For the events of the battle I follow the Europische Mercurius combined with other sources like de Quincy. The Mercury claimed it was based on a message from Brest were Taalman was brought in after the battle.

On Sunday 31 August the lookout on the Maria Elizabeth saw three heavy warships making sail to approach the Dutch fleet near Mount's Bay. From the French side the Dutch fleet was seen 4 lieus (c. 16 km) south west of Lizard Point. Taelman then slowed down to give Van der Zaen and the slower ships at the rear the opportunity to catch up. Meanwhile the ships of Des Augers came closer while showing English flags. Taelman doubted them, he launched his sloop and readied his ship for a fight. He then turned about and sailed to Van der Zaen before the wind. The merchant fleet meanwhile continued its course, probably floating to England on the tide.

At about one o'clock in the afternoon Taelman hailed the other ships. Des Augers lowered the English flags, raised the French and answered with a broad side of guns and musketry. Taalman made a short speech to inspire his men, and then the fight began in ernest. The battle consisted of the ships passing (and broad siding) each other multiple times. The ships were not in a line of battle; D'Evry on the Modéré attacked Taelman's Maria Elizabeth, and Des Augers on the Maure attacked Van der Zaen. Meanwhile Fourbin attacked the merchant fleet, and captured the Wijnbergen, Goude Hoet and Vergulde Melkpot.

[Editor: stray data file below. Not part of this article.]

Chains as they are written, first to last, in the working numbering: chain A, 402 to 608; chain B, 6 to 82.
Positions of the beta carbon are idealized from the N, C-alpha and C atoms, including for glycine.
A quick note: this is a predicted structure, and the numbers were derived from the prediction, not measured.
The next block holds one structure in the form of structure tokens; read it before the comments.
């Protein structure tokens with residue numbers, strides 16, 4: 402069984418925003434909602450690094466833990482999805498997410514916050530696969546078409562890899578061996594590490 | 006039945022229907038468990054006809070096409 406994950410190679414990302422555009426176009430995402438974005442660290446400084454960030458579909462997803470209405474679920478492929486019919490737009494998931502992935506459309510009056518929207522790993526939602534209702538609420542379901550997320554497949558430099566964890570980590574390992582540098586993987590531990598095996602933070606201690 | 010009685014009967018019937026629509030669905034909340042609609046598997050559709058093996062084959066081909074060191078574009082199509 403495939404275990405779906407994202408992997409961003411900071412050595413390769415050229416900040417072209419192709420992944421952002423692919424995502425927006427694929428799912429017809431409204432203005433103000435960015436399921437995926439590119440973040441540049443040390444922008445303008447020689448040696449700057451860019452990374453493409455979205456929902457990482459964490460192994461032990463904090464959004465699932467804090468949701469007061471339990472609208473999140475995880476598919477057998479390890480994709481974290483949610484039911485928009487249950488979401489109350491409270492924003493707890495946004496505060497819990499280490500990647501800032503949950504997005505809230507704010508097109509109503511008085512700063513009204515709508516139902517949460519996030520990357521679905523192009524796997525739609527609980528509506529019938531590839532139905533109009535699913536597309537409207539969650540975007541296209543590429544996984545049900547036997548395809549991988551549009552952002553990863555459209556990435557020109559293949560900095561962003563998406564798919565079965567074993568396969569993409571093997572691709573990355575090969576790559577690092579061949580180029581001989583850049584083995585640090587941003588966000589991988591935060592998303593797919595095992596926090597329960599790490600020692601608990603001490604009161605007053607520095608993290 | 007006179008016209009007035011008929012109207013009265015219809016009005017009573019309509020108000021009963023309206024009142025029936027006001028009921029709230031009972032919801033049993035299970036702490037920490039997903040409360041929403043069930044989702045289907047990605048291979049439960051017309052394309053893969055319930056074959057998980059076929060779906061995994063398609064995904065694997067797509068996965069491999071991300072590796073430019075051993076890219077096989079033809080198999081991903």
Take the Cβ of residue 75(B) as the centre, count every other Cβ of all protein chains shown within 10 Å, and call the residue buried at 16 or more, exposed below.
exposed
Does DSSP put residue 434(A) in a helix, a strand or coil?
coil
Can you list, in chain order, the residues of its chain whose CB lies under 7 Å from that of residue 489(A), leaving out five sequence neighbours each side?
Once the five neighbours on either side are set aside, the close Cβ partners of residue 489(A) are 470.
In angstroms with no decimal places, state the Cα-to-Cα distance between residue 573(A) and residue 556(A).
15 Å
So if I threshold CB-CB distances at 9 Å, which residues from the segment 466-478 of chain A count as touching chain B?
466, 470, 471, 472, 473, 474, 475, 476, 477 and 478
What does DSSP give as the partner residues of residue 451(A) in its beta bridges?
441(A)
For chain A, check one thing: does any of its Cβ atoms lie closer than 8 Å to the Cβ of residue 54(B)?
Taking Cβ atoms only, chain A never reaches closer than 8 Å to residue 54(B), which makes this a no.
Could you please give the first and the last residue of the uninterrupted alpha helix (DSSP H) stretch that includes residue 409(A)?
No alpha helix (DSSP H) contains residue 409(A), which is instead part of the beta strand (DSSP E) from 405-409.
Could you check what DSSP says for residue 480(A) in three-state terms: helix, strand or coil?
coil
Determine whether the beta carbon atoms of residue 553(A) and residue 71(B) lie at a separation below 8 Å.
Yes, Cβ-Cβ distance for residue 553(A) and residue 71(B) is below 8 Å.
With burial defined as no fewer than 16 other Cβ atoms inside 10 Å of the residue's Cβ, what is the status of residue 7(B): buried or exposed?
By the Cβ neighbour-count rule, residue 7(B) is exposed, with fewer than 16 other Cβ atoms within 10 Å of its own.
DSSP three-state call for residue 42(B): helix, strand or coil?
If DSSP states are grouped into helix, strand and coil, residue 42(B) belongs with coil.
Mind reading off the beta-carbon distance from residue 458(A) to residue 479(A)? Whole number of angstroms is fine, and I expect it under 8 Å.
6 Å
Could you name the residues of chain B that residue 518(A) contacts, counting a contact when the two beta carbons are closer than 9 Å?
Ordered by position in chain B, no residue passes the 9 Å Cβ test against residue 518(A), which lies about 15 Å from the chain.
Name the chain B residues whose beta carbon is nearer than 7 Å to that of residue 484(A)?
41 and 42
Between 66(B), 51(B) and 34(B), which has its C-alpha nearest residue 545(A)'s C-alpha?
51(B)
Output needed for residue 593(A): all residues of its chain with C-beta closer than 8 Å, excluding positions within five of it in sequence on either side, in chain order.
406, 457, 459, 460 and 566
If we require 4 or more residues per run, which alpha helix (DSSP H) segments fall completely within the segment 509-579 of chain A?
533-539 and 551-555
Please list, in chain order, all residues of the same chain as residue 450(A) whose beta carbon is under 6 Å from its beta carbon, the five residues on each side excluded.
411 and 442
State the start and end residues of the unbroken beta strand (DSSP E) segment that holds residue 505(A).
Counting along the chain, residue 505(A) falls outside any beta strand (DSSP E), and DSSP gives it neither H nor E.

At first the battle seemed to go quite well for the Dutch. Taalman passed his enemy 6 times without getting into serious trouble. On the Castricum however things did not go well: Van der Zaen was hurt by 3 musket balls almost immediately after the fight started. His first lieutenant suffered the same faith. Without them the ship Castricum fought well for a while. Its flag was shot down twice. After a while the Dutch ships reached their first goal when the French fired signal shots for the Perle to come back and help them. After 5-6 glasses (2.5 - 3 hours) disaster struck the Dutch as the Castricum tried to disengage before the wind and was captured shortly after. Van der Zaen died of his wounds only a little later.